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JOURNAL ARTICLE

Pharmacokinetics and toxicology of a fibroblast activation protein (FAP)-activated prodrug in murine xenograft models of human cancer

W Nathaniel Brennen, D Marc Rosen, Alcides Chaux, George J Netto, John T Isaacs, Samuel R Denmeade
Prostate 2014, 74 (13): 1308-19
25053236

BACKGROUND: As carcinoma progresses, the stroma undergoes a variety of phenotypic changes, including the presence of carcinoma-associated fibroblasts (CAFs) that express fibroblast activation protein (FAP). FAP is a post-prolyl endopeptidase whose expression in a healthy adult is largely restricted to the cancer-associated stroma. FAP-targeted prodrugs with a 100-fold greater therapeutic window over the parent compound were previously generated.

METHODS: Prodrugs and non-cleavable controls were incubated in the presence of FAP. Plasma and tumor half-lives (t1/2) of the full-length and active forms of the prodrugs were determined using LCMS. Biodistribution studies of prodrug activation were performed. Histopathological analysis of tissues from treated animals were compared to vehicle-treated controls. Toxicity and efficacy studies were performed in human breast (MDA-MB-231 and MCF-7) and prostate (LNCaP) cancer xenografts models.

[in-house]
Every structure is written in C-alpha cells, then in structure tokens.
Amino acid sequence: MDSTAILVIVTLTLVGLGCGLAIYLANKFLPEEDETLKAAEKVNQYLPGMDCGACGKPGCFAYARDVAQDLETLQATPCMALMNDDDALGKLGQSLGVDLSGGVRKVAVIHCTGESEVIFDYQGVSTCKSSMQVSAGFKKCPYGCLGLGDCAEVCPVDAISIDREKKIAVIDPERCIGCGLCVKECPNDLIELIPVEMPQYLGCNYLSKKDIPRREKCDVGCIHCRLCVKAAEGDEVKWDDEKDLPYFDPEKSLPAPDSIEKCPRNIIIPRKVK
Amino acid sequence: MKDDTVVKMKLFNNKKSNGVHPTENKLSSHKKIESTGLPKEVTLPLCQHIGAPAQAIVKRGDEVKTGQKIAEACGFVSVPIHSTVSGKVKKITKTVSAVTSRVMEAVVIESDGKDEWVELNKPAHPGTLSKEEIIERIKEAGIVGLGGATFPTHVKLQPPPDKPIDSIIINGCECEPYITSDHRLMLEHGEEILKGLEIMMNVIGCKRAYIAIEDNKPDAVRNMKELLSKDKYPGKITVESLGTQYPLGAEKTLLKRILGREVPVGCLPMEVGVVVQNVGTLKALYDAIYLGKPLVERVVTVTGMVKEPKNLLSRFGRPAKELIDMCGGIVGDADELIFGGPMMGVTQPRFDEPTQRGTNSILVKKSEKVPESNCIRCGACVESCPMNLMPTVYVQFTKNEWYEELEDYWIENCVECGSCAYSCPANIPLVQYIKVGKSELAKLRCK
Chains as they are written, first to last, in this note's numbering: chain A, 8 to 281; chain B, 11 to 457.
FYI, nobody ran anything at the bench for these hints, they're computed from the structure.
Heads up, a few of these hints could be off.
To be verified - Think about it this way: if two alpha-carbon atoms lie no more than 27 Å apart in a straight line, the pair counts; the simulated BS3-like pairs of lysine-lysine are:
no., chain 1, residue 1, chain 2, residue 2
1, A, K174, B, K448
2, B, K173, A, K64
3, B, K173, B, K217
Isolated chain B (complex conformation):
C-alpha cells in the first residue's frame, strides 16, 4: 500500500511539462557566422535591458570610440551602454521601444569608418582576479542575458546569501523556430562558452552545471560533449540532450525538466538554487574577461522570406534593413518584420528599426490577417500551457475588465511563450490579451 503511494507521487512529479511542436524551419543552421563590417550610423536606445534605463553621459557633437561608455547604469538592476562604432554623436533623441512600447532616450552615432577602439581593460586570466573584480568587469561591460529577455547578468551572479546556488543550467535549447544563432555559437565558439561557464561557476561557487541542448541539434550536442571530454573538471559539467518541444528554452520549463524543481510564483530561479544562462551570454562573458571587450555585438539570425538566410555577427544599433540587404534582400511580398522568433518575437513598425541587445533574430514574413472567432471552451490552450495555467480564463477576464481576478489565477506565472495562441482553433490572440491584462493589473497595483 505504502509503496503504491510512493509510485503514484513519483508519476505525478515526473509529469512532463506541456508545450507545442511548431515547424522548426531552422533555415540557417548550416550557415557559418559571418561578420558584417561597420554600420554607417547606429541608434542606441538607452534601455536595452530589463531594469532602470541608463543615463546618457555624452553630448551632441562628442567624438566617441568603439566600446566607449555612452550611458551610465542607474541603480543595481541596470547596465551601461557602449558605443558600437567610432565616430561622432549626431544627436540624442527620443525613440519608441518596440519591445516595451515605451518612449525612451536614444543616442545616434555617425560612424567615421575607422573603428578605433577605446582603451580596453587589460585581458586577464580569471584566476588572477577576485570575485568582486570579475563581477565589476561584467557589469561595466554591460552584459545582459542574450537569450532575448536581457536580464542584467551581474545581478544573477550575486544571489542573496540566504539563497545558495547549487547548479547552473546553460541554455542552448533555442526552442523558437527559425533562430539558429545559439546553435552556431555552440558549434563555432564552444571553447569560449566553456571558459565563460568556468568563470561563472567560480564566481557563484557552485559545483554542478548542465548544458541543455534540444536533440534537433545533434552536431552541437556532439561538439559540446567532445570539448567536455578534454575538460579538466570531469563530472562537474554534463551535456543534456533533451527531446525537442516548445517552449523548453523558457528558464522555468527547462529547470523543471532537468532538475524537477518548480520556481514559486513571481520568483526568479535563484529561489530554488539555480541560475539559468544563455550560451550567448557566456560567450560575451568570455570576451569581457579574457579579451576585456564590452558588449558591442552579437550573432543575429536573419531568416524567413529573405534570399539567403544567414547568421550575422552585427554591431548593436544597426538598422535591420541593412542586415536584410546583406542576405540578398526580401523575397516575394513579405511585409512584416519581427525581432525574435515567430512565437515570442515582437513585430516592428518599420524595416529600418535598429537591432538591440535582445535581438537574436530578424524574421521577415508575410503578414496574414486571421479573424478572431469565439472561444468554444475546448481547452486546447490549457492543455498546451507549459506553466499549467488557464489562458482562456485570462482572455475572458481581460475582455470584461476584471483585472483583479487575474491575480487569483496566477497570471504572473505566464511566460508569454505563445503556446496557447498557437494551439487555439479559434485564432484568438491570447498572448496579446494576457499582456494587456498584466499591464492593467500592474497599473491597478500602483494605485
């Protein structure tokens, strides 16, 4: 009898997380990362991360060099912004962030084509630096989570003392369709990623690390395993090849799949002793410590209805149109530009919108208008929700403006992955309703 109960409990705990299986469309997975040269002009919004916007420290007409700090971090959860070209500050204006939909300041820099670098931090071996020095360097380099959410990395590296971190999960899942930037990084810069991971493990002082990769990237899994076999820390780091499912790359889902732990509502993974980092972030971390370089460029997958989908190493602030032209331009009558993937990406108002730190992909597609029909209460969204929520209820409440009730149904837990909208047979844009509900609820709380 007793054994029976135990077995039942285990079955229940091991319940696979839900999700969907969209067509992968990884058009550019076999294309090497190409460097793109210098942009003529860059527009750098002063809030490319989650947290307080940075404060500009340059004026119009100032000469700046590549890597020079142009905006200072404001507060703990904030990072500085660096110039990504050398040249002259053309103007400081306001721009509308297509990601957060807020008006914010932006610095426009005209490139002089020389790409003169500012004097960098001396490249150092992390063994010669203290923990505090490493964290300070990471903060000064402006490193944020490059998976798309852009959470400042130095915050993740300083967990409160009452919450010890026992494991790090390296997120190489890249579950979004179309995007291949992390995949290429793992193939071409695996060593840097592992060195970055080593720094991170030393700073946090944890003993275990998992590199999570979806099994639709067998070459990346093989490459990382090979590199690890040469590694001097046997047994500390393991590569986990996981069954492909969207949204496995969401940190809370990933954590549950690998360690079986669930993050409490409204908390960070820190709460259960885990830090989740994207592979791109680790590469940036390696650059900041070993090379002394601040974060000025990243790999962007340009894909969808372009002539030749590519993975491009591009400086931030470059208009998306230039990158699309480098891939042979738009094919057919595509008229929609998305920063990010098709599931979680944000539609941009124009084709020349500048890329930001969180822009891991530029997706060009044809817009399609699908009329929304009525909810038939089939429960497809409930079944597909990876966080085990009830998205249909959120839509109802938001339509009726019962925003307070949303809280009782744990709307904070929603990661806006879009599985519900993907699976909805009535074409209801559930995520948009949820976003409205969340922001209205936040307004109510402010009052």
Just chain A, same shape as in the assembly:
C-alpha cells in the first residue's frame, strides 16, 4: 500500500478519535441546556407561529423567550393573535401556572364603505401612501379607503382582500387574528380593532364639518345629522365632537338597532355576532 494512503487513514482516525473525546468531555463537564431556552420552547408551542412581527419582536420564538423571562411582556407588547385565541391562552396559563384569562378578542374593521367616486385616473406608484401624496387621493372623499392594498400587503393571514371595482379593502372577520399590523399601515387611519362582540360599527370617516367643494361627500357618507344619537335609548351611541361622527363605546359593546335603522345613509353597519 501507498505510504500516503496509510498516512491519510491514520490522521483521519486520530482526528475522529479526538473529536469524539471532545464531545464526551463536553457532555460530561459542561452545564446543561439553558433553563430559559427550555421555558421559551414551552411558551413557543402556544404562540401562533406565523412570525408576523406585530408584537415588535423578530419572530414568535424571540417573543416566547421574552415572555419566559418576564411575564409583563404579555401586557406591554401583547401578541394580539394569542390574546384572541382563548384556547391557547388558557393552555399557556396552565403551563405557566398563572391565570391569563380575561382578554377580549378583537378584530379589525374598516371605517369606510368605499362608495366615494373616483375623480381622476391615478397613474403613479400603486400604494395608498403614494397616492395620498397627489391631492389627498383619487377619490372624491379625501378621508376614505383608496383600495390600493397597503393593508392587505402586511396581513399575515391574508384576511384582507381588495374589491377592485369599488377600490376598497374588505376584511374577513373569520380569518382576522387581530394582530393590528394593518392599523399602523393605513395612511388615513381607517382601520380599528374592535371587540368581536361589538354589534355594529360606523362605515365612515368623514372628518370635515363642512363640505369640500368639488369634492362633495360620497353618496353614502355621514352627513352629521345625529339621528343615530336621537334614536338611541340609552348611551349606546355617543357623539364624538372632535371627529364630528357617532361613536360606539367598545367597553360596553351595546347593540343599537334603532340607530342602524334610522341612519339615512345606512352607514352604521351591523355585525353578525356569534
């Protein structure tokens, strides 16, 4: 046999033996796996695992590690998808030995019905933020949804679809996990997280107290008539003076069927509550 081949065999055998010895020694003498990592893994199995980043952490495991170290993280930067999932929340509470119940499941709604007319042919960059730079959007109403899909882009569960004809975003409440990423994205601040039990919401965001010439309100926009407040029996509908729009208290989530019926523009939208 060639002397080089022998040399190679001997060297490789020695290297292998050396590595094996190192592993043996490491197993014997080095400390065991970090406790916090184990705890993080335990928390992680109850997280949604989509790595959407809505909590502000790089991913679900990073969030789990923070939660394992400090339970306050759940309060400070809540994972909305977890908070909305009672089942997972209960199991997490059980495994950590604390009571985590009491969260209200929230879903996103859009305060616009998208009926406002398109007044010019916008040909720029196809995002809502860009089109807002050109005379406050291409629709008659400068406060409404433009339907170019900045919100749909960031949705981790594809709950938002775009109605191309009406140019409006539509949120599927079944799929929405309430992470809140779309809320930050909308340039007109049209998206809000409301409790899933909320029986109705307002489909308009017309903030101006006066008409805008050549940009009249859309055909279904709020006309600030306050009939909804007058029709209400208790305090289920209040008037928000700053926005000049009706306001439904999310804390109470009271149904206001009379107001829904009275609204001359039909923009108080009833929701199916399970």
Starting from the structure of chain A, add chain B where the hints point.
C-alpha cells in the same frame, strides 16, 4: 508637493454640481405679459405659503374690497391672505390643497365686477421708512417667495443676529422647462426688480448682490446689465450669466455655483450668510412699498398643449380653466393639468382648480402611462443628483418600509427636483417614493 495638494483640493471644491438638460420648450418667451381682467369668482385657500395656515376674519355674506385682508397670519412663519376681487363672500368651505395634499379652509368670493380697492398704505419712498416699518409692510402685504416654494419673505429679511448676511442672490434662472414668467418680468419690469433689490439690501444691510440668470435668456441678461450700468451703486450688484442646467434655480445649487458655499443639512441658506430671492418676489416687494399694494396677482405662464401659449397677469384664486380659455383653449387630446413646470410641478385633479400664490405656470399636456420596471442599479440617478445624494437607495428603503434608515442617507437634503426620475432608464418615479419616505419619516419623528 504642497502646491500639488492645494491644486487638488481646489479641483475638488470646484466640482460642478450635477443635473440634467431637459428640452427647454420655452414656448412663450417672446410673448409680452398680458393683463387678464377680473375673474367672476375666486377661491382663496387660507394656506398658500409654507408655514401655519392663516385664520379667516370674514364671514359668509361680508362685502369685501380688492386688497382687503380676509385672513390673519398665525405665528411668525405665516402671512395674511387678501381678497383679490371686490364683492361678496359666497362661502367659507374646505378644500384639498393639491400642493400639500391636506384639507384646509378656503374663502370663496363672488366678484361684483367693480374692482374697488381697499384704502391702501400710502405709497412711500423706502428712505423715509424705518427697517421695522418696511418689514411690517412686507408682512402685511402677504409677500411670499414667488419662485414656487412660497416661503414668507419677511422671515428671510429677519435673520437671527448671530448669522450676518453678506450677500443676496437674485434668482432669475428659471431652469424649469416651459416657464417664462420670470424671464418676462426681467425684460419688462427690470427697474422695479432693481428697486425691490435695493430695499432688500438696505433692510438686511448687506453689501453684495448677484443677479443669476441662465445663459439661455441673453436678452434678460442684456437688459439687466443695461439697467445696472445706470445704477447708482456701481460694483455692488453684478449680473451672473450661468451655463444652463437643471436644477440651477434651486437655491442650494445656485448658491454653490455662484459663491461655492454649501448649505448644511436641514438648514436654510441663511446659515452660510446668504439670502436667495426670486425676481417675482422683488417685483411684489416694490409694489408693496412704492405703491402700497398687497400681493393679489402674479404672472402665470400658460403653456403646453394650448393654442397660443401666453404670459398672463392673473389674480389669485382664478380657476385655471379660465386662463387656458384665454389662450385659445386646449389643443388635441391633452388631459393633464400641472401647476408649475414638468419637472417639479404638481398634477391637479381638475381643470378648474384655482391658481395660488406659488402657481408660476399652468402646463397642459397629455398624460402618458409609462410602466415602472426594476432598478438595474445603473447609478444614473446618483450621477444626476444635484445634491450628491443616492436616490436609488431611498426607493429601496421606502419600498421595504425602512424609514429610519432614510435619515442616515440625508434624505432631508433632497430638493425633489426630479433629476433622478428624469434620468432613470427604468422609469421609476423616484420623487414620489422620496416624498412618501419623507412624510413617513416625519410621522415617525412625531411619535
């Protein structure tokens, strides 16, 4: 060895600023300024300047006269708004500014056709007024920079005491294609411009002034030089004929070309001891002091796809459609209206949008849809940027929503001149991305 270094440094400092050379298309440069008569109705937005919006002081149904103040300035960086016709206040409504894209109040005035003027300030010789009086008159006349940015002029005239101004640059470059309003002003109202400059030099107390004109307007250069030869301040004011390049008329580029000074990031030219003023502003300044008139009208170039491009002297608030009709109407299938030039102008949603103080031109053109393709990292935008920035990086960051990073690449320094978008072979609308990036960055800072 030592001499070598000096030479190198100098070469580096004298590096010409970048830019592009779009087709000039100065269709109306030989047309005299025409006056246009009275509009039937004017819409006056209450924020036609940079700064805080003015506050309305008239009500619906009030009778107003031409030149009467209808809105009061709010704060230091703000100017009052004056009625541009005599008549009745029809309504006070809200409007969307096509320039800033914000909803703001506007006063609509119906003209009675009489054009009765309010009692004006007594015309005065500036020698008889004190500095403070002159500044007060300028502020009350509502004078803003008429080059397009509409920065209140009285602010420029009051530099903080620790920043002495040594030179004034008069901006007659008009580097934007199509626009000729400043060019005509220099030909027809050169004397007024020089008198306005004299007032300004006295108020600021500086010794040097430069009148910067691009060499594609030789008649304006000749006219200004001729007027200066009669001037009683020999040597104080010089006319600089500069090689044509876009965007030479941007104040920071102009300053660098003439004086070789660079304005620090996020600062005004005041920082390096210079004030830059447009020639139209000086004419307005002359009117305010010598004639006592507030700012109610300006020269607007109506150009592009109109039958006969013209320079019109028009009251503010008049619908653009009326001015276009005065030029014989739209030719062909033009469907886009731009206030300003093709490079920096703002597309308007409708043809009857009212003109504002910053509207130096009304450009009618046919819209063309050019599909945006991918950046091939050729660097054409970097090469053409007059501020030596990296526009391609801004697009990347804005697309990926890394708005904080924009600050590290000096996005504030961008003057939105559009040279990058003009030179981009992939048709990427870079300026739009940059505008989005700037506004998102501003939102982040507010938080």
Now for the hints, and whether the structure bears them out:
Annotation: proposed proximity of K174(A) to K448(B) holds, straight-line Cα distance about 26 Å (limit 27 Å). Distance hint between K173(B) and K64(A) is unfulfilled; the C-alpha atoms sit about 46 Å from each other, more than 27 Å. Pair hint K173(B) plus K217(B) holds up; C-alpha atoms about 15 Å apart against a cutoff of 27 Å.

RESULTS: These FAP-activated prodrugs have a significantly slower clearance from tumor tissue than the circulation (∼12 vs. ∼4.5 hr). Micromolar concentrations of active drug persist in the tumor. Active drug is detected in non-target tissues; however, histopathologic evaluation reveals no evidence of drug-induced toxicity. A FAP-activated prodrug (ERGETGP-S12ADT) inhibits tumor growth in multiple human breast and prostate cancer xenograft models. The anti-tumor effect is comparable to that observed with docetaxel, but results in significantly less toxicity.

CONCLUSION: FAP-activated prodrugs are a viable strategy for the management of prostate and other cancers. These prodrugs exhibit less toxicity than a commonly used chemotherapeutic agent. Further refinement of the FAP cleavage site for greater specificity may reduce prodrug activation in non-target tissues and enhance clinical benefit.

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